By Andrew Cawthorne
WOLVERHAMPTON, England (Reuters) - Tottenham Hotspur scored after just 57 seconds against Wolverhampton Wanderers on Sunday but Jose Mourinho's men paid for defensiveness during the rest of the game when the hosts deservedly equalised in the dying minutes.
Seeking to revive their faltering push for a first Premier League title, Spurs had a dream start when French midfielder Tanguy Ndombele received the ball well outside the box to drill a low shot past Wolves goalkeeper Rui Patricio.
Spurs dug in for the second half, demonstrating their new defensive steel under Mourinho to repel marauding runs from Adama Traore and trickery by Fabio Silva in the penalty area.
Just as it seemed the London club would hang on, Wolves' relentless attacking paid off as defender Romain Saiss met a corner ahead of Harry Kane in the 86th minute to head the ball in for 1-1.
"We conceded a poor early goal ... When you are not focussed for a half second, it's a goal," Saiss said. "After, it's harder when you play a team like Tottenham to come back. Even with the draw, we deserved more because we created a lot of chances."
Spurs, who topped the league earlier in December, have now taken just two points from their last four games and are fifth in the Premier League, six points behind leaders Liverpool.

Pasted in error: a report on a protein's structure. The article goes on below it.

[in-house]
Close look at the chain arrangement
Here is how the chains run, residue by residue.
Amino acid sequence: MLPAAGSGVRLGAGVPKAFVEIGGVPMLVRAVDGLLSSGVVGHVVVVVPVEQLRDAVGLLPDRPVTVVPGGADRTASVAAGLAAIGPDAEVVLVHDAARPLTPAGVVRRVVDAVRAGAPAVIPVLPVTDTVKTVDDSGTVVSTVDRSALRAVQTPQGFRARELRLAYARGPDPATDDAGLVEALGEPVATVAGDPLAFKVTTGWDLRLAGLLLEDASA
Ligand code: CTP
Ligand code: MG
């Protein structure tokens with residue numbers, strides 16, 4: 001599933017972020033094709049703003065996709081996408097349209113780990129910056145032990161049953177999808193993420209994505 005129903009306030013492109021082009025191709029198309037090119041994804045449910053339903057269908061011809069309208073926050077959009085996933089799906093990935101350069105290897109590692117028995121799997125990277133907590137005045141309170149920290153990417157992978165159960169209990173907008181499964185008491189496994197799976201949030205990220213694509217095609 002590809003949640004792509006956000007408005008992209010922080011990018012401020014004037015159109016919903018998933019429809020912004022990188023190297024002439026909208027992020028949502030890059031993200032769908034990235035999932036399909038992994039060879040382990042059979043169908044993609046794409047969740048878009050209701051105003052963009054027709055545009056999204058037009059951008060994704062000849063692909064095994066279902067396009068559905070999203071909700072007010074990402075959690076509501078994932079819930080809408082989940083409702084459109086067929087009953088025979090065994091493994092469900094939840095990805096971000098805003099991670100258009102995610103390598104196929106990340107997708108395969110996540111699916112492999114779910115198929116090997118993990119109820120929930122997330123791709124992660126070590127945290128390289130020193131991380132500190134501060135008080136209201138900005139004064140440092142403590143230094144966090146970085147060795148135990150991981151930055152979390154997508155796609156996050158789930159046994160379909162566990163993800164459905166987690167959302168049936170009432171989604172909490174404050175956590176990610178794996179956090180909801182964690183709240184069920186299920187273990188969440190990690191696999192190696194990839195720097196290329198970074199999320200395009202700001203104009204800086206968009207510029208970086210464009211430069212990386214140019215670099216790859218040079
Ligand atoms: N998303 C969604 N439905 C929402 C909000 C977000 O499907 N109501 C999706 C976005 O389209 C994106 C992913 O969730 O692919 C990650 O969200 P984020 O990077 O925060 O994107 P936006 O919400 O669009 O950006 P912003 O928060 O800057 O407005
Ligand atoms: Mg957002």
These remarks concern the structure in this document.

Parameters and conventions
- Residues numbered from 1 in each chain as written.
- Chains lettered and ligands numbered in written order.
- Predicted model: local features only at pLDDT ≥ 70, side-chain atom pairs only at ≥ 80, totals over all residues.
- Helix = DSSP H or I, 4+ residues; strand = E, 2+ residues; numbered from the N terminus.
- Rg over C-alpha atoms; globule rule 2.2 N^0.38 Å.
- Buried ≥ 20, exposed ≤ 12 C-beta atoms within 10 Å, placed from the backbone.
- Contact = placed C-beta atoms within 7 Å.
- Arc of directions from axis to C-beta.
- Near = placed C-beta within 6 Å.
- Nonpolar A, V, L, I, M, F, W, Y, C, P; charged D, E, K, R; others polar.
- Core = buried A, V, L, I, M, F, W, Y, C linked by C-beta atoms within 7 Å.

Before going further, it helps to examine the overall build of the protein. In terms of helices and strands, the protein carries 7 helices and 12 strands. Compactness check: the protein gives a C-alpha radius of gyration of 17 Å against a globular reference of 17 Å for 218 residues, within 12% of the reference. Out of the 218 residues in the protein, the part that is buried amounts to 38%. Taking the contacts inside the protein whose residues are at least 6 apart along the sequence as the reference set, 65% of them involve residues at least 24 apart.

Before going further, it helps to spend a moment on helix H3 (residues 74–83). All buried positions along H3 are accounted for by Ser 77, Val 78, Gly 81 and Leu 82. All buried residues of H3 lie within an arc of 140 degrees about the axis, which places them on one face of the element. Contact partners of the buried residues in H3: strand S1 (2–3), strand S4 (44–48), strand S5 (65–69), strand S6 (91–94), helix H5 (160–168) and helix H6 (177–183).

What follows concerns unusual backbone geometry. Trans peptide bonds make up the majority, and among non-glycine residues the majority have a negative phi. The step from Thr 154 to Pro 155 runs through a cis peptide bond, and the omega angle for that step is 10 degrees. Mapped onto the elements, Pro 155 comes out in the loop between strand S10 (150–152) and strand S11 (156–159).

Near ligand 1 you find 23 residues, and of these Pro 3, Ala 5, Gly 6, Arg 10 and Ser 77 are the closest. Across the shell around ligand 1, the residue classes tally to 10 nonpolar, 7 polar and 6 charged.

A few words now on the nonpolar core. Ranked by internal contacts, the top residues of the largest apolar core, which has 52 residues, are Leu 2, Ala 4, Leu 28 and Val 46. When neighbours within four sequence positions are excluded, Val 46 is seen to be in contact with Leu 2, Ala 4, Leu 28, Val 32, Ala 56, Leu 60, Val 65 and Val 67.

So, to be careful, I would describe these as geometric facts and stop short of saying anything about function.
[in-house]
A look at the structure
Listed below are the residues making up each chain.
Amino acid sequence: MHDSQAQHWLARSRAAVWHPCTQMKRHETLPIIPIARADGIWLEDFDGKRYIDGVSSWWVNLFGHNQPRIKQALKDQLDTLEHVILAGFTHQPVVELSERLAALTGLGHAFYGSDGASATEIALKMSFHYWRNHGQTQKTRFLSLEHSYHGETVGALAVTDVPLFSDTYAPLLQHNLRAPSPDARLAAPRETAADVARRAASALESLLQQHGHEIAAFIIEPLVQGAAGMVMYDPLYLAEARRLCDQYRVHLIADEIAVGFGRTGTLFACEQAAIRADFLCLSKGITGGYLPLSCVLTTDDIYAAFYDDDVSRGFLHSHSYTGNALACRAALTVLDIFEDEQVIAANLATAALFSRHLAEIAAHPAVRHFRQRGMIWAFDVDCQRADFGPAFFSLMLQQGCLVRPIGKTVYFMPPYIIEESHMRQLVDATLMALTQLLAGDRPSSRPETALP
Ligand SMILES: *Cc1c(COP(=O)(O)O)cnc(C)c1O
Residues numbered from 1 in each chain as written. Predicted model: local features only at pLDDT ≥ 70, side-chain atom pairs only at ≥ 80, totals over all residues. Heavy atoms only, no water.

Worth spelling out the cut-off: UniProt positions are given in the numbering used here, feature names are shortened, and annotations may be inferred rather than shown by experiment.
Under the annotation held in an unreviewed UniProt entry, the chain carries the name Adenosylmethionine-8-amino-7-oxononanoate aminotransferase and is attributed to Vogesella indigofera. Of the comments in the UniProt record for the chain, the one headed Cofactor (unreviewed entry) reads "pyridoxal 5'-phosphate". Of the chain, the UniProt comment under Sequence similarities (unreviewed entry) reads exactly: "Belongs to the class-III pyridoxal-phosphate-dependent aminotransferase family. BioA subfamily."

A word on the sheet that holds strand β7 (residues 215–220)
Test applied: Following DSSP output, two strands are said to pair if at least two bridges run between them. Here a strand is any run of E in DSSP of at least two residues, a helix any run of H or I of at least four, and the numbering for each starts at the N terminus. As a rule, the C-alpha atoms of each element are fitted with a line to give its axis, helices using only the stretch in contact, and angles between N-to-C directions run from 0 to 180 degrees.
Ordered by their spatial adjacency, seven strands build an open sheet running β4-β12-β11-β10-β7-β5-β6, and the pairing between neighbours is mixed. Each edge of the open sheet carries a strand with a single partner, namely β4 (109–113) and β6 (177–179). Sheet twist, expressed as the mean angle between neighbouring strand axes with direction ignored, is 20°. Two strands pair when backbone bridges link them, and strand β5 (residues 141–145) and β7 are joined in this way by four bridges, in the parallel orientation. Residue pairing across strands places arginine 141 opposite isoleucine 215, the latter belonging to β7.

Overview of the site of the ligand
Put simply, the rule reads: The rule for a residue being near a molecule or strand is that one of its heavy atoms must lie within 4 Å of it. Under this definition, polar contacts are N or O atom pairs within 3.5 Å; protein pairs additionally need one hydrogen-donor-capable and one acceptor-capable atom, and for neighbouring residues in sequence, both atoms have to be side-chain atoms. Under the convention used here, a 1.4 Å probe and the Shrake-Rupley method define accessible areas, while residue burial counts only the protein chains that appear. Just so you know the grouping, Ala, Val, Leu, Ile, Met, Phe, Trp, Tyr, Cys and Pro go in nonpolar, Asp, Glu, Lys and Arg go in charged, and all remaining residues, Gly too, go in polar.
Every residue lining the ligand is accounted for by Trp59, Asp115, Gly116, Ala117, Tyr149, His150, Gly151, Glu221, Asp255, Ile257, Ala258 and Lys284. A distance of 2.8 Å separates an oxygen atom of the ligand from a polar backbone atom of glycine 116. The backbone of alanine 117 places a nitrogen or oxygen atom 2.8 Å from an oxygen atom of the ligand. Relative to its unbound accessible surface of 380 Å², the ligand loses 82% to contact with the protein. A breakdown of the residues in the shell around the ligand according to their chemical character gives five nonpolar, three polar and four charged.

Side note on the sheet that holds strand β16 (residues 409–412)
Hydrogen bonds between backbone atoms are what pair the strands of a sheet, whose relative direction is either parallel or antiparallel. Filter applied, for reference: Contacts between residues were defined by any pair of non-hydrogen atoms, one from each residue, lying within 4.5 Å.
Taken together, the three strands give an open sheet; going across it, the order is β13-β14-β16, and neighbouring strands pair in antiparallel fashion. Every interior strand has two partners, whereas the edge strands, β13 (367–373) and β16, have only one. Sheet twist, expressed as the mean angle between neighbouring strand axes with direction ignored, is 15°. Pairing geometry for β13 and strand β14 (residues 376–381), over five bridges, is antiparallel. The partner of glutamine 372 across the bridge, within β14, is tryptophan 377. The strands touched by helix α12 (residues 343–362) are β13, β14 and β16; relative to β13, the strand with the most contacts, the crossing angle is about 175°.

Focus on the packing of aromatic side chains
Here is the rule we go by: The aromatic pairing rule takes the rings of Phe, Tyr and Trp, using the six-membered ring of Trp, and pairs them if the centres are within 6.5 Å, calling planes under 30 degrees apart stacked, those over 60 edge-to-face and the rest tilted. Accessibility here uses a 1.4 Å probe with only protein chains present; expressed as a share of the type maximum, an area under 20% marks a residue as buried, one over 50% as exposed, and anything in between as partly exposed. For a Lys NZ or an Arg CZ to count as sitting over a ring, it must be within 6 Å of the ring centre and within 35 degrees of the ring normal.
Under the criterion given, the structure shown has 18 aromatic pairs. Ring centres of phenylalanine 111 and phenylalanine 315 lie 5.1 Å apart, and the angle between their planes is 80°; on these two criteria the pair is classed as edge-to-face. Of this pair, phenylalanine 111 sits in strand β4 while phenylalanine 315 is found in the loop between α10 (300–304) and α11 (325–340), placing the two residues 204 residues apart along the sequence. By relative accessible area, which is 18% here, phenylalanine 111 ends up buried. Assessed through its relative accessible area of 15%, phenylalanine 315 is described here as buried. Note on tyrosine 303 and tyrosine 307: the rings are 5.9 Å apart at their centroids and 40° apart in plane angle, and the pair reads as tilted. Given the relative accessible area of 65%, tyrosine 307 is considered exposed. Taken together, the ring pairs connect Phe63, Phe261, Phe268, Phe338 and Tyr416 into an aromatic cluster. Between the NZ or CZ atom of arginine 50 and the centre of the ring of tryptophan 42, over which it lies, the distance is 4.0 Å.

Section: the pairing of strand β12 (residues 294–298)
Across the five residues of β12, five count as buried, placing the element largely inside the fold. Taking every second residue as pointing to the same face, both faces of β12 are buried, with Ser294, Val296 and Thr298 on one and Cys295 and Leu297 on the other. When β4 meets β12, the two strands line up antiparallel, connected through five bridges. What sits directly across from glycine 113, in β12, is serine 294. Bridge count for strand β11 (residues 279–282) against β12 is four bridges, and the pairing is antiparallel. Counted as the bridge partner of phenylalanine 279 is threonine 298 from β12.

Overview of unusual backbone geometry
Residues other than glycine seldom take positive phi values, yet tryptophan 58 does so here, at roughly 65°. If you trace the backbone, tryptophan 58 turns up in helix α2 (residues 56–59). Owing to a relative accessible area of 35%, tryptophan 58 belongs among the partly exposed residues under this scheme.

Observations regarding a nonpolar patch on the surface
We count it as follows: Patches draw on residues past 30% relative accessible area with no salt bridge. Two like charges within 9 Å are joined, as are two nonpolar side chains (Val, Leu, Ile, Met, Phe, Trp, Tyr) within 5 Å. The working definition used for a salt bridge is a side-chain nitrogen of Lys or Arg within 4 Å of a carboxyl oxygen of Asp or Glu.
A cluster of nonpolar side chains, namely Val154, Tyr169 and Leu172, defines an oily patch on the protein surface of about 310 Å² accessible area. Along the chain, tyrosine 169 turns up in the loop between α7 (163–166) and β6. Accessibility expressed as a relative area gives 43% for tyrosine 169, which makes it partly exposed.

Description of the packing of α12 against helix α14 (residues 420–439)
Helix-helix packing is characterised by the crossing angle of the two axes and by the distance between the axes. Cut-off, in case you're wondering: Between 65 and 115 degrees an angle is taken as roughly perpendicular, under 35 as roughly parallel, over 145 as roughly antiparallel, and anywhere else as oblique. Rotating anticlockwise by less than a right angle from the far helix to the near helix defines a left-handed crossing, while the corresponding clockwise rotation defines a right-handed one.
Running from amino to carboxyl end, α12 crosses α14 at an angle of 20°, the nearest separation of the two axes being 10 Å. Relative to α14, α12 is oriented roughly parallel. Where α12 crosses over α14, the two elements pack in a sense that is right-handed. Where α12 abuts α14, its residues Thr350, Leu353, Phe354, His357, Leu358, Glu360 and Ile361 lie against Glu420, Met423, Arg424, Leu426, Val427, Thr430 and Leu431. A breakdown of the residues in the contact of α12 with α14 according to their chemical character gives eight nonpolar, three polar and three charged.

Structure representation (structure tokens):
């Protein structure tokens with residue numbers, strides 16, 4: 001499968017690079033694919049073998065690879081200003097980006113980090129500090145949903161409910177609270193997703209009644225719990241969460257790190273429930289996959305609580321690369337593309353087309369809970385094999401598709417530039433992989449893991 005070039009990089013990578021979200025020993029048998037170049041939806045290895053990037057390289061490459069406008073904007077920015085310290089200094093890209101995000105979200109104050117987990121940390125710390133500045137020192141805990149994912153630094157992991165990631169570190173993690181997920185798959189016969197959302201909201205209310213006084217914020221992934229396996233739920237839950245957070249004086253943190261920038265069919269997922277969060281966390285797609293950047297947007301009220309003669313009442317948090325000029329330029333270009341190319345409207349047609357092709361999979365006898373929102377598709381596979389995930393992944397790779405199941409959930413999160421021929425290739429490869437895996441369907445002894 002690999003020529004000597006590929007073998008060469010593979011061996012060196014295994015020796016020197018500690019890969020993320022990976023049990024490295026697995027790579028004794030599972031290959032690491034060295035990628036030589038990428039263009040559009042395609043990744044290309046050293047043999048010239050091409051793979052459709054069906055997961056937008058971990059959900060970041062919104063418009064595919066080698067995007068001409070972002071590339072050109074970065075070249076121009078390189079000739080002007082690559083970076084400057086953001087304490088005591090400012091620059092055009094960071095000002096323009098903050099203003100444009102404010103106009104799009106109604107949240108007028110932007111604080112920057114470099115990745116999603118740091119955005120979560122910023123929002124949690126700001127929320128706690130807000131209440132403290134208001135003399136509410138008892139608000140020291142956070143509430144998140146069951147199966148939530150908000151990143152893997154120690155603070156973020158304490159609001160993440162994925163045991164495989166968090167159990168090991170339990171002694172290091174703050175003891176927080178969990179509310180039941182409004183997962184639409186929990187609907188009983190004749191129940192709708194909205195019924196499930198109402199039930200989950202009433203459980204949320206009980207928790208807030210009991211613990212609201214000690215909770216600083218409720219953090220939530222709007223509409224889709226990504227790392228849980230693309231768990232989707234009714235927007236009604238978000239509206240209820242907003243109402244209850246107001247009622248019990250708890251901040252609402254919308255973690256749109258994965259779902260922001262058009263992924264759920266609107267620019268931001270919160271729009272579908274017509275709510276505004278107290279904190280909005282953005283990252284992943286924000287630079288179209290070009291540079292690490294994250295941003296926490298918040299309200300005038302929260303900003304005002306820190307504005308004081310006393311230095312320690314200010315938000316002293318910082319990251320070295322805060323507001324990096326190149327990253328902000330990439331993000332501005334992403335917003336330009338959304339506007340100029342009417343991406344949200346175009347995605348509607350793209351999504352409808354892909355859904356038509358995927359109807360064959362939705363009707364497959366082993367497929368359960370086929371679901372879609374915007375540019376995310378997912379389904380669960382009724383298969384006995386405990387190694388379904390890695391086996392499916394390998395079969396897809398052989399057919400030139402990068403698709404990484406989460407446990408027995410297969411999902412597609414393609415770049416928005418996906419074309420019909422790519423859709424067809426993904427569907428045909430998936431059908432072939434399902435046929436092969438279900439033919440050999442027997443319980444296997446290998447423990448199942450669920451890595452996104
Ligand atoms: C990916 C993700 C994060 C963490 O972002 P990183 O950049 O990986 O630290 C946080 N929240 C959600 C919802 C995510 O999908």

"I am frustrated with the result. We had control of the game. But we had 89 minutes to score goals, and we didn't," Mourinho said, chiding his team for lack of ambition.
Wolves, who are now 11th on 21 points, were watched by their Mexican striker Raul Jimenez for the first time since he fractured his skull last month.
Without him, Wolves have struggled and are looking to Portuguese teenager Fabio Silva for goals.
He came close in the first half with a snap shot that went just past the post, was charged down by Spurs goalkeeper Hugo Lloris in the second, and missed another close-range chance at the end which would have won the game for Wolves.
"I'm proud, really proud, because it's very hard how we started the game," said Wolves manager Nuno Espirito Santo, who fielded seven Portuguese countrymen in his starting lineup.
"After that, we played a good game."
Wolves have made a habit of comebacks, while Spurs are repeatedly failing to hold leads, to the anger of their demanding manager Mourinho.
(Reporting by Andrew Cawthorne; Editing by Pritha Sarkar)